Tuesday, February 24, 2009

Football Administrator to be appointed

Mark Hughes is to be joined at Manchester City by Brian
Marwood, the one-time ­England winger, who is expected to be appointed with
the title of football ­administrator. Marwood had ­initially been lined
up as a director of football, but City have offered him a ­different role
because Hughes did not want anybody brought in above him.
City have been
talking to Marwood, currently the head of the UK football operations for Nike,
for several weeks about appointing him in a role that would reunite him with the
club's executive chairman, Garry Cook. The two men had worked together at


This story definitely came out of the blue this morning, and despite not being carried anywhere else (the MEN carried a very small article regarding 'management additions' today), Daniel Taylor in The Guardian has usually been accurate in his reporting.

'Football Administrator' is definitely a new title on me and what remit he will have is not apparant, but if it is true that Hughes got his way in terms of Marwood not being appointed above him, it does show that despite reports persisting of him bening replaced his position looks to be s secure as it can be.

Apart from his commentary work, I can't confess to knowing too much regarding Marwood's post-playing career in terms of his suitability for such a position. It does appear though he has worked with Cook at Nike, and does seem to have a 'business head' about him in addition to his football background.

As ever with these scenarios, it will be interesting to see what precise role Marwood may hold, given that I don't see Hughes as the type to relinquish much (if any) control over playing matters. The difficulty with such appointments historically is that there has been no defined boundaries as to who is responsible for which area, often leading to problems at that level and rarely in the British game has there been a succesful example of the set up working.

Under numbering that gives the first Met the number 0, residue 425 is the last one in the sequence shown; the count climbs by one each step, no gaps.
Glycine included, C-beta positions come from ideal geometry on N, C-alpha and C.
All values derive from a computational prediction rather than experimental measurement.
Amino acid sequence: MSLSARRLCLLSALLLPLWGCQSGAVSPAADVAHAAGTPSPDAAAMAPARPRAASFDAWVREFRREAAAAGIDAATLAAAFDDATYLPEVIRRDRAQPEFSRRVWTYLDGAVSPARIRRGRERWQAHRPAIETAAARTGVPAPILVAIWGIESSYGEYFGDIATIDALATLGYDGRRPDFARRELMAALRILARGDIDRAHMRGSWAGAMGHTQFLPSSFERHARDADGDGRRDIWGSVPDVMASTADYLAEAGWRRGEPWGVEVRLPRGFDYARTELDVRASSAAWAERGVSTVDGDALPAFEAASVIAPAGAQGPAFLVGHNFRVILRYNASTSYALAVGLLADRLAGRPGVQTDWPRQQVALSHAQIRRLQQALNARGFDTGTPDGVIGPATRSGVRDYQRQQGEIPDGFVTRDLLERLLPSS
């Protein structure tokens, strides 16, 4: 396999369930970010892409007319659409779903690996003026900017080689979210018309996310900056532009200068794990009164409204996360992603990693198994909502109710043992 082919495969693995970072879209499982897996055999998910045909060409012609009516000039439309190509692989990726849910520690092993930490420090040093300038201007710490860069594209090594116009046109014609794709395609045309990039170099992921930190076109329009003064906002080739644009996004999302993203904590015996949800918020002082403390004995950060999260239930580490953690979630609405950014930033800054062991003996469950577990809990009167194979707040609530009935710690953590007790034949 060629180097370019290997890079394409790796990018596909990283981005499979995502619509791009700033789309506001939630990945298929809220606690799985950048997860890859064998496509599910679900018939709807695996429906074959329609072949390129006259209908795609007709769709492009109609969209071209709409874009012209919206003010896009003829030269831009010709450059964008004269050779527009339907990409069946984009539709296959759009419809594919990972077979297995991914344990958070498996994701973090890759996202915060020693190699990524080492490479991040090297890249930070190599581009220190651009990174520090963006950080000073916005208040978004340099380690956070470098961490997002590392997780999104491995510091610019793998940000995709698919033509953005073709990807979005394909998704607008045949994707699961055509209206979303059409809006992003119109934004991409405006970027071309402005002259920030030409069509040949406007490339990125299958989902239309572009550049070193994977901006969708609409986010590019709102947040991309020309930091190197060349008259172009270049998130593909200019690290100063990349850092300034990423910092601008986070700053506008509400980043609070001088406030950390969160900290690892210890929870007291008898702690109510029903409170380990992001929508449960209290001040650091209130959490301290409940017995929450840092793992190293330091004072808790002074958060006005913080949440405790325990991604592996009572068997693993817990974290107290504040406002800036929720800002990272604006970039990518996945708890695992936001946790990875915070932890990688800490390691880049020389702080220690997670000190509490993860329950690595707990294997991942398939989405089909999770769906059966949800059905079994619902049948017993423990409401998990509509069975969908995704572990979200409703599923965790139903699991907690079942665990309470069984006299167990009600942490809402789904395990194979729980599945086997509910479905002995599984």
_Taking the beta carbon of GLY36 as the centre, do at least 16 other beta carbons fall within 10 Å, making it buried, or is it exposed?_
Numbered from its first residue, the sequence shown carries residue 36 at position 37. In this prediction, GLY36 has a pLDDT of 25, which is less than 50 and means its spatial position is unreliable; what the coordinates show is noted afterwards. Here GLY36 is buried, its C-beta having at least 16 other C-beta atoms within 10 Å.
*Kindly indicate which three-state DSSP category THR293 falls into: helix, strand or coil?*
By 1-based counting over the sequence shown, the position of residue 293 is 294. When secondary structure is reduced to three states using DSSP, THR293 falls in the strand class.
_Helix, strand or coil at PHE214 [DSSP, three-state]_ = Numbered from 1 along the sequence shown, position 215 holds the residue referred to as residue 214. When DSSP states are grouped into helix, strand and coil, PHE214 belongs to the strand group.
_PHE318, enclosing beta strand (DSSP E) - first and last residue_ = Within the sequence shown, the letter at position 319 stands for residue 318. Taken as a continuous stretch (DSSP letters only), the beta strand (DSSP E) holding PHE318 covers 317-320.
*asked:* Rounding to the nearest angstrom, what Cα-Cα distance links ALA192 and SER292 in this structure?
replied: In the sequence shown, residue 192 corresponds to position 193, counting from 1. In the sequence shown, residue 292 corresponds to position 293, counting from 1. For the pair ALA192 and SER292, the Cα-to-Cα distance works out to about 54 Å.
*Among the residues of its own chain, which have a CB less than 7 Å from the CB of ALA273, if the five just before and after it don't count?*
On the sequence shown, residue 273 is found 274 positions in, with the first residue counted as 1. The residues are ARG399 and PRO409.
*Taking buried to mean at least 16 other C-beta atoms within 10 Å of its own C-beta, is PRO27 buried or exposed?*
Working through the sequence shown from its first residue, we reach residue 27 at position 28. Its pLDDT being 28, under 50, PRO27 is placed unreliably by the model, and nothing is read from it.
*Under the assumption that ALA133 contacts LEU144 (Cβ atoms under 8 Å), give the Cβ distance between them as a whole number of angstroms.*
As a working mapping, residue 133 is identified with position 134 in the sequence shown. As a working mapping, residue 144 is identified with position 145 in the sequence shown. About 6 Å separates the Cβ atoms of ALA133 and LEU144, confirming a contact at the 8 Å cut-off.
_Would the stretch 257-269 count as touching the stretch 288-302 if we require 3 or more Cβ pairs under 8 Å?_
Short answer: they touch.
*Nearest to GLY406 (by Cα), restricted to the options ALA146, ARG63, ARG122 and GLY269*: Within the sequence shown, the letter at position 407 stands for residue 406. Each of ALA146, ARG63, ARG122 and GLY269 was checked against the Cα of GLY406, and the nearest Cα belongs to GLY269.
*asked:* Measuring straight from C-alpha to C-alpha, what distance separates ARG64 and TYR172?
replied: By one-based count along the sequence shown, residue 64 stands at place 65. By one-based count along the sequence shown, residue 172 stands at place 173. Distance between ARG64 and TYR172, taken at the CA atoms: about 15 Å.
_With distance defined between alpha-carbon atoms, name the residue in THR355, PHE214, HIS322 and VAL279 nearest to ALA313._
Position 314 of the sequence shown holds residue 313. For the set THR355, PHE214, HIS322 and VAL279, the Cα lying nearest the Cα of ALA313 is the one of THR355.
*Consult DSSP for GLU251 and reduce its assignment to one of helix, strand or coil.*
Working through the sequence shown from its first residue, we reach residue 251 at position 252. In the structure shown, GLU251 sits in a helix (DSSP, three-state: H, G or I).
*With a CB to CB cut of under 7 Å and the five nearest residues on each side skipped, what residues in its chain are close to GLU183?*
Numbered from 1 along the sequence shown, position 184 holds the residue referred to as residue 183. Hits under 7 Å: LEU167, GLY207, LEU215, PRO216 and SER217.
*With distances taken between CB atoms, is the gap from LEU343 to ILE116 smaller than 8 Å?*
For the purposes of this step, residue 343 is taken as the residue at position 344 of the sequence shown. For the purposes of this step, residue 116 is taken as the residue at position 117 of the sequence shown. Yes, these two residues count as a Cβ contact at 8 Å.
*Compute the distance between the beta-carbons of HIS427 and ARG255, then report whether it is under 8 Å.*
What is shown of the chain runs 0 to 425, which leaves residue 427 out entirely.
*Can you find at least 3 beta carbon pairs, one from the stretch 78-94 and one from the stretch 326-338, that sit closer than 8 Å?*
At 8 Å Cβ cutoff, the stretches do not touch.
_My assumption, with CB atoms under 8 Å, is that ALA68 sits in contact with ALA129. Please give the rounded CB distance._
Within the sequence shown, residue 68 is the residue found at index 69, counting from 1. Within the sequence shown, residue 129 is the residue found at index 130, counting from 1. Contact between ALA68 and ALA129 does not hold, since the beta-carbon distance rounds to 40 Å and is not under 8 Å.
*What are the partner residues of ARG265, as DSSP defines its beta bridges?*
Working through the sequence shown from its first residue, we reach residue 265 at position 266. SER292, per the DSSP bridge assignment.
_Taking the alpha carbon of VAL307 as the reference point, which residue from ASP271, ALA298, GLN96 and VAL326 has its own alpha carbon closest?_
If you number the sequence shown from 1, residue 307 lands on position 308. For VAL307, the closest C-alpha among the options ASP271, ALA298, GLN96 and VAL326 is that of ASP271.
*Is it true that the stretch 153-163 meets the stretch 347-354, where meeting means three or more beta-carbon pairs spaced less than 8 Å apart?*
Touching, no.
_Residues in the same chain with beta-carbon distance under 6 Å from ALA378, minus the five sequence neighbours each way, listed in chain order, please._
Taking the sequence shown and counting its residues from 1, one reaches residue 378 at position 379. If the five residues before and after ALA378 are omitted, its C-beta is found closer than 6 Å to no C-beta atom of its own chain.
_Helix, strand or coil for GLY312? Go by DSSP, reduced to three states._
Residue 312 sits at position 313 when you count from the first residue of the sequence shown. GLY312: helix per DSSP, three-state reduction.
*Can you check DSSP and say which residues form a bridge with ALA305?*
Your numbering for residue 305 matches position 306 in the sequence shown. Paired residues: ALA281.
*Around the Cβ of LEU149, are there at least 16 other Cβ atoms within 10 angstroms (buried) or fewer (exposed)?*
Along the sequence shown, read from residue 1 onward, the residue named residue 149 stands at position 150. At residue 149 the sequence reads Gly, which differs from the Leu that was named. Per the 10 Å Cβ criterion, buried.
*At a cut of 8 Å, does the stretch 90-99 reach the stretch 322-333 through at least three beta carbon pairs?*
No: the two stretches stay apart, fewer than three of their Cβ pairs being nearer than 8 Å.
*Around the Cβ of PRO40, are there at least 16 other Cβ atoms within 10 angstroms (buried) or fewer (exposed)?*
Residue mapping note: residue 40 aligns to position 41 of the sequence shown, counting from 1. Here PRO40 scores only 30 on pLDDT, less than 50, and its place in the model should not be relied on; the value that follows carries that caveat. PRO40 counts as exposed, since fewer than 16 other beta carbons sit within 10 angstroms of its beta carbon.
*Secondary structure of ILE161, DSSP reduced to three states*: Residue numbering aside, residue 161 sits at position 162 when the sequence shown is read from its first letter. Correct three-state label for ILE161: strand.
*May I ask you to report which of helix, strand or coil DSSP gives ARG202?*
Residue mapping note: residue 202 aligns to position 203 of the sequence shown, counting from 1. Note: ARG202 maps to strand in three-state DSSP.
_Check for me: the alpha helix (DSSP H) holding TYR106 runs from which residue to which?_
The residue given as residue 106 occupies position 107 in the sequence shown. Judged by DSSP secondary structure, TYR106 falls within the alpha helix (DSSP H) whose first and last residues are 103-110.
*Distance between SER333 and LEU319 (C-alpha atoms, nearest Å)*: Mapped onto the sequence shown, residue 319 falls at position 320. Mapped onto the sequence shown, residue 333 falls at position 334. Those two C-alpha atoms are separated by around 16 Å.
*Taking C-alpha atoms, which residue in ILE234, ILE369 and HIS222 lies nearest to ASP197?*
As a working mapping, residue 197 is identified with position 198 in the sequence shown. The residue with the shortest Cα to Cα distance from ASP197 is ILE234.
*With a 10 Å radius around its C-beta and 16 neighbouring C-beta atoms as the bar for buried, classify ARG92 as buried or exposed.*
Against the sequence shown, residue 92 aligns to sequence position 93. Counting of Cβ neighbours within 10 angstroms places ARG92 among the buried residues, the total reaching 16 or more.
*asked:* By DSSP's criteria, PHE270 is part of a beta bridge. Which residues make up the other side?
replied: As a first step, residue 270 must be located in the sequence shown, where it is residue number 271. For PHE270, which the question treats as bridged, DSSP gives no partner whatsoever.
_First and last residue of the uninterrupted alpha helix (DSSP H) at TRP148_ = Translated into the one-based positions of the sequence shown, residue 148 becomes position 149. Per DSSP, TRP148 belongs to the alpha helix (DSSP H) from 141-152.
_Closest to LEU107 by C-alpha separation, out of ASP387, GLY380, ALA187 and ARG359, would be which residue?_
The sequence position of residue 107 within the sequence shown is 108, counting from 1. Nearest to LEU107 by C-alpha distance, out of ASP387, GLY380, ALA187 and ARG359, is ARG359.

Perhaps he is to be more of a part in developing the commercial side of the club along with Cook (and acting s a 'bridge' between the football and commercial side) as I'm sure the management (rather than playing) side are really looking to develop the club now along the lines of American sports models, where they are far ahead even the most succesful football clubs in terms of their operations.

vote it up!


Gary Nolan said...

This story didn't just break this morning, I read about it a week ago if not 2, so maybe that means there is some truth in it. Why we didn't just keep Alistair Macintosh at the club is beyond me.

Anonymous said...

Macintosh's responsibilities as chief executive overlapped with Cook who is a Thaksin appointment as executive chairman, chairman in often non-exec. Paul Aldridge now does the part of MacIntosh's job that doesn't overlap with Cook

Anonymous said...

There was a small note about this coming off about a week ago but I'm dammned if I remember where I read it so not that unexpected.
The guy has a pukka football background and CV.
Wonder if the floundering around Cook and Co have done in the January window made the owners realise we needed a senior guy with the right contacts and phone numbers. Used to the wheeler dealing and hype.
Could be a very strategic appointment in line with development plans.

Gary Nolan said...

It was more that Macintosh and Cook did the same job, the question is with Macintosh being hailed as one of the best in the business for negotiating,why was he not kept at the club to aid Cook at least for the short term. And he surely also could have been kept on in the role Aldridge is in now considering it is basically what he was doing anyway.